in Liberia, particularly at camps for displaced people. A container
shipment from the agency’s Sager Brown Depot in Baldwin, La., has
provided health kits, layettes and used clothing.
Cox said the
agency has a proposal for an $800,000 grant from the U.S. Agency for
International Development to distribute seed and farm tools in Liberia
that is "all but signed" and will work on water and sanitation issues at
refugee camps if funding becomes available.
At a Feb. 5-6
"International Reconstruction Conference on Liberia," hosted by the
United Nations in New York, representatives from 96 countries and 45
organizations pledged $520 million to assist with reconstruction and
humanitarian needs in Liberia. According to the U.N. news service, the
representatives agreed "on an inclusive, community-based approach to
reintegration and reconstruction which fully incorporates the needs of
all segments of the population affected by the conflict, with special
focus on women and children."
Cox said the relief agencies are
pleased with the commitment, but a bit discouraged because the funding
is being allocated for longer-term development and not the immediate
emergency needs that remain.
He called the plans for disarmament
and reintegration "critical for the next step." As a Human Rights Watch
report, released Feb. 2, pointed out, donor governments need to fully
fund a planned program to demobilize and reintegrate former child
soldiers into Liberian society.
The report, "How to Fight, How to
Kill: Child Soldiers in Liberia," found that both the government and two
opposition forces there forcibly recruited boys and girls as young as 9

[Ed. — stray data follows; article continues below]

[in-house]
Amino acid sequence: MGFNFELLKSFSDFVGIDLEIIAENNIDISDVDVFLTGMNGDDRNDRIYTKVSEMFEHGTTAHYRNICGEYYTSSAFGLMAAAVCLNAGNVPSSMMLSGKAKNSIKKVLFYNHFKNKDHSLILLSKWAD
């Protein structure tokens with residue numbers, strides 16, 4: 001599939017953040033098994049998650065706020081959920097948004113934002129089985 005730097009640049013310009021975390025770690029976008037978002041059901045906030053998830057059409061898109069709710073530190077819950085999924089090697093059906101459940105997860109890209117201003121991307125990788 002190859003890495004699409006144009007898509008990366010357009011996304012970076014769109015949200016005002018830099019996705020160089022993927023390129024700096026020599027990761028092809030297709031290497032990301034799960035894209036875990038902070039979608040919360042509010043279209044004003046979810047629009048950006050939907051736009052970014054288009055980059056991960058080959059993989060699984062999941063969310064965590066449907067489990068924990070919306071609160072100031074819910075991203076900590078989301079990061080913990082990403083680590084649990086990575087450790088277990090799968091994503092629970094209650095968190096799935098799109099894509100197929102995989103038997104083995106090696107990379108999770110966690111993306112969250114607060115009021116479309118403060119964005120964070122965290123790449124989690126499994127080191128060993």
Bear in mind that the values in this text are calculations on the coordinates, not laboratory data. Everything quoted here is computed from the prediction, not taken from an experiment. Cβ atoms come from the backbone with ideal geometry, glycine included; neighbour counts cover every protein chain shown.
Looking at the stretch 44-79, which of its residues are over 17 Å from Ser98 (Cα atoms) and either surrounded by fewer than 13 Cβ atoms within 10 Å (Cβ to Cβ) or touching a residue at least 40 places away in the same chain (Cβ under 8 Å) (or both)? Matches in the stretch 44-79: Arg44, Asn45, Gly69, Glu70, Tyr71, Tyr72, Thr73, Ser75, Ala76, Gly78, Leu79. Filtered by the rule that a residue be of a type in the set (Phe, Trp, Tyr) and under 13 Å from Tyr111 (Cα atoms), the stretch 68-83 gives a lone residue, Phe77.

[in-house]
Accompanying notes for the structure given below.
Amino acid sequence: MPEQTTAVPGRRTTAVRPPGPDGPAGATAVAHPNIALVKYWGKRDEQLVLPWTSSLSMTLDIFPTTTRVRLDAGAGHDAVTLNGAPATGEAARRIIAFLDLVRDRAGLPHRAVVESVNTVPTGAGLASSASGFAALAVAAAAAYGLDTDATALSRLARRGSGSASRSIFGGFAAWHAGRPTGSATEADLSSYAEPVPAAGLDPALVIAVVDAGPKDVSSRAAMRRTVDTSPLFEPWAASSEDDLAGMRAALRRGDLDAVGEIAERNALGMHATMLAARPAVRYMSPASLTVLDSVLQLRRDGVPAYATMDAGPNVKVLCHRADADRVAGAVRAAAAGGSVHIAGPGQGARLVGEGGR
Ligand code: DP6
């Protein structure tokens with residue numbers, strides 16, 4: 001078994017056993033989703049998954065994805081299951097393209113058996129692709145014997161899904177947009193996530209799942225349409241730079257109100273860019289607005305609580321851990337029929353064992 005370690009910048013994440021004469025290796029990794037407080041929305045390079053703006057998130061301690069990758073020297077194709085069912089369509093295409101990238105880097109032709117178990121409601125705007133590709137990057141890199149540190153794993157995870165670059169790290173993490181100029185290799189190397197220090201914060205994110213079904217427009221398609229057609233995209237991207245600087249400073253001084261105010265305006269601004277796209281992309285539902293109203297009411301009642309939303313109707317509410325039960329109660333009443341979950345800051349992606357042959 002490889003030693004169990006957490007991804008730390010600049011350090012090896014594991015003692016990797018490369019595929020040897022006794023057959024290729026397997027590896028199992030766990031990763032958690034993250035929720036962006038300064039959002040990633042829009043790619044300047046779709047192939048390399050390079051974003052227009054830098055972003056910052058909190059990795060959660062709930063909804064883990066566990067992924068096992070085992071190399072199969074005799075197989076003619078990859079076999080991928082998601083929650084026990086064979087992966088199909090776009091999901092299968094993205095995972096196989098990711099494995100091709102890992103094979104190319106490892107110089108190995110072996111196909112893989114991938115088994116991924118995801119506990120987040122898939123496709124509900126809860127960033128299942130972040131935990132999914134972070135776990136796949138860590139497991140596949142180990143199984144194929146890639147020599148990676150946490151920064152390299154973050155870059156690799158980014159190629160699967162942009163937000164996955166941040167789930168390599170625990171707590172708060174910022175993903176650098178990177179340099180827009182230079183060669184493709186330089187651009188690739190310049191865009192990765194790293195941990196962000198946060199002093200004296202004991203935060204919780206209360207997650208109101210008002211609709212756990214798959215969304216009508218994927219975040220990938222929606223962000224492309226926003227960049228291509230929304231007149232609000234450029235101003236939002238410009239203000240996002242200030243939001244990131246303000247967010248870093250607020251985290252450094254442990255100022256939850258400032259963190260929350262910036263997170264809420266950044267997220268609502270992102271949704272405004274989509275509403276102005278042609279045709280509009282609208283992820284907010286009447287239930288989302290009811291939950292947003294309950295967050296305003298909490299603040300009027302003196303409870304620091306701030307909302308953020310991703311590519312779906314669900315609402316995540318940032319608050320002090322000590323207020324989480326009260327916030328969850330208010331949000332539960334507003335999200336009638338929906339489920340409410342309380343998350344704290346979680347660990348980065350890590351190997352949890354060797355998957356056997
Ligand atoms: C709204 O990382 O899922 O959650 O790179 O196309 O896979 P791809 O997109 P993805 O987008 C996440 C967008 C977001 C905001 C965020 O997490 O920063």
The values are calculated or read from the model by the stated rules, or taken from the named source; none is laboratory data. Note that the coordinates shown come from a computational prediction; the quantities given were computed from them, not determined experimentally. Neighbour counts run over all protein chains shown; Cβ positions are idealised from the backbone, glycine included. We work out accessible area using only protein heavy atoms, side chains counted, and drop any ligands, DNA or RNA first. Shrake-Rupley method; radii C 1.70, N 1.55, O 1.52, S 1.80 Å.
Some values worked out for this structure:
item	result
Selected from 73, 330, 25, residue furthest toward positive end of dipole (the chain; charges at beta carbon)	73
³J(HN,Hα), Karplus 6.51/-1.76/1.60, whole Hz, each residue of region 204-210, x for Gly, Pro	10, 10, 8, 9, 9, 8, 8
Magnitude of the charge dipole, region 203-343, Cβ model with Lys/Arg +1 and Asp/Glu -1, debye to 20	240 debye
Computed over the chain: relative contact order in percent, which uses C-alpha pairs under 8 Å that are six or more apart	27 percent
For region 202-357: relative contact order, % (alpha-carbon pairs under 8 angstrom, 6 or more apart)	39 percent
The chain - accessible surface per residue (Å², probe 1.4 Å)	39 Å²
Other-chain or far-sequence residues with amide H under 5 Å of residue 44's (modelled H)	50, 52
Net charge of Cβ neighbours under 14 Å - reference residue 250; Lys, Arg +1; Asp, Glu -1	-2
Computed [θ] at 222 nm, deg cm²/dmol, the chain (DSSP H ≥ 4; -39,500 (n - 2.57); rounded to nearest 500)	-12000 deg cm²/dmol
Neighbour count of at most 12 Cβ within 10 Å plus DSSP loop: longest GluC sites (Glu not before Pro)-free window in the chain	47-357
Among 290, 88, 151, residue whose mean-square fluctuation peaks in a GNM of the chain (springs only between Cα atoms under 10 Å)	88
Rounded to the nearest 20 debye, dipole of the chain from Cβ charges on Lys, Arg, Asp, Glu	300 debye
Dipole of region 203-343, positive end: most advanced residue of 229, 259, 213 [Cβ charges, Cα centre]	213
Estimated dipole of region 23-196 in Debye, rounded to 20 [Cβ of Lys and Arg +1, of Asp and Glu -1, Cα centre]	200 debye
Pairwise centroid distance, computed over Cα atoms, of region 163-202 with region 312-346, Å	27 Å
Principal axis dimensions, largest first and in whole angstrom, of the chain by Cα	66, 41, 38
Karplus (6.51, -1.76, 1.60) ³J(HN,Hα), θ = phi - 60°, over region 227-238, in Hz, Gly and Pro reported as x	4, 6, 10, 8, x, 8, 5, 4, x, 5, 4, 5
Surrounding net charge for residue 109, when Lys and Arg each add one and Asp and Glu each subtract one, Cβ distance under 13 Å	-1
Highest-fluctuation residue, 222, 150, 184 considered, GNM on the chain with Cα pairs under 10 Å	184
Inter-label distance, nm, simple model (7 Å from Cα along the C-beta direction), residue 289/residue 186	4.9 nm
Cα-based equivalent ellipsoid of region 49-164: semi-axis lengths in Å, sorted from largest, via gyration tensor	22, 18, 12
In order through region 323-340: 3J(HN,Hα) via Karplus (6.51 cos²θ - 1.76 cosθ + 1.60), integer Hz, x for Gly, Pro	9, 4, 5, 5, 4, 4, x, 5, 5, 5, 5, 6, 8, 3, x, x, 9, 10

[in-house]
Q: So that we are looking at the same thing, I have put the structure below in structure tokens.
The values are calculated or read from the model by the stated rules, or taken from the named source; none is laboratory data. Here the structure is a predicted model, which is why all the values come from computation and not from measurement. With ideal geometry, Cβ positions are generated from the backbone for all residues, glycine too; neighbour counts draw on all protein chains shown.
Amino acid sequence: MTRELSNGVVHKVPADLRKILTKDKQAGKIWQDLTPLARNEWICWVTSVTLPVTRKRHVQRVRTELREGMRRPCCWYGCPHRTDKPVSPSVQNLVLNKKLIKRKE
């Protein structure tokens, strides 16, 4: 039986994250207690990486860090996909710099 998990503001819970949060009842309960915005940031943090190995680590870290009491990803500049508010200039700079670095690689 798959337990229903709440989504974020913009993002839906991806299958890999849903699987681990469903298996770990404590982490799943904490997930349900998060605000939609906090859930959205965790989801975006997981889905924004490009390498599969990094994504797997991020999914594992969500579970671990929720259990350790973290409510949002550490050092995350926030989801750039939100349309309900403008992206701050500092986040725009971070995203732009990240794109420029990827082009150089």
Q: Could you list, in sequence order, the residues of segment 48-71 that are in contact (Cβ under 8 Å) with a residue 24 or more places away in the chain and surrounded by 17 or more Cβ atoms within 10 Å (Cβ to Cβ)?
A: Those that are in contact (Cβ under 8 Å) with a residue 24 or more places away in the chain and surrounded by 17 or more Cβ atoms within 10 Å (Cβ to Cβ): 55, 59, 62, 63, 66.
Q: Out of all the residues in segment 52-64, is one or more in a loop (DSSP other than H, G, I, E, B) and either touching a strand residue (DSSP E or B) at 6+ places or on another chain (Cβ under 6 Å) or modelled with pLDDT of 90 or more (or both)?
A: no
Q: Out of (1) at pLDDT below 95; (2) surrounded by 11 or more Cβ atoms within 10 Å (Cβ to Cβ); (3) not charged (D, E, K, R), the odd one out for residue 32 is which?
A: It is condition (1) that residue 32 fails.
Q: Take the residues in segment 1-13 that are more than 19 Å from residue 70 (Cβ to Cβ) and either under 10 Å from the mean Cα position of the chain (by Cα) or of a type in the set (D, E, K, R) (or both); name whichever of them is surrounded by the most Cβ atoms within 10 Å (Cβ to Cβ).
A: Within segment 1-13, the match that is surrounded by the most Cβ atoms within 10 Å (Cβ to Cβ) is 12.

as soldiers - a violation of the Geneva Convention and a war crime
under the International Criminal Court’s statute, which Liberia ratified
in October. Girl soldiers also suffered from rape and sexual assault.
are involved in all levels of Liberia’s revitalization. Gyude Bryant,
chairman of Liberia’s interim government, acknowledged that fact when he
attended the U.N. conference. Bryant, a lay leader of Liberia’s
Episcopal Church, thanked U.S. church leaders for their support and
expressed optimism about the long-term resilience of the Liberian
The Rev. John McCullough, a United Methodist pastor and
executive director of Church World Service, was part of the meeting with
Bryant at the Episcopal Church Center, near the headquarters of the
United Nations in New York.
McCullough said Bryant "sees the church as a strong link between the peoples of Liberia and the United States."
to the work of the United Methodist Committee on Relief in Liberia can
be made to UMCOR Advance No. 150300, Liberia Emergency. Checks can be
placed in church collection plates or mailed to the agency at 475
Riverside Dr., Room 330, New York, NY 10115. Credit-card donations can
be made by calling toll free (800) 554-8583.
*Bloom is a United Methodist News Service news writer based in New York.
News media contact: Linda Bloom · (646) 369-3759 or email@example.com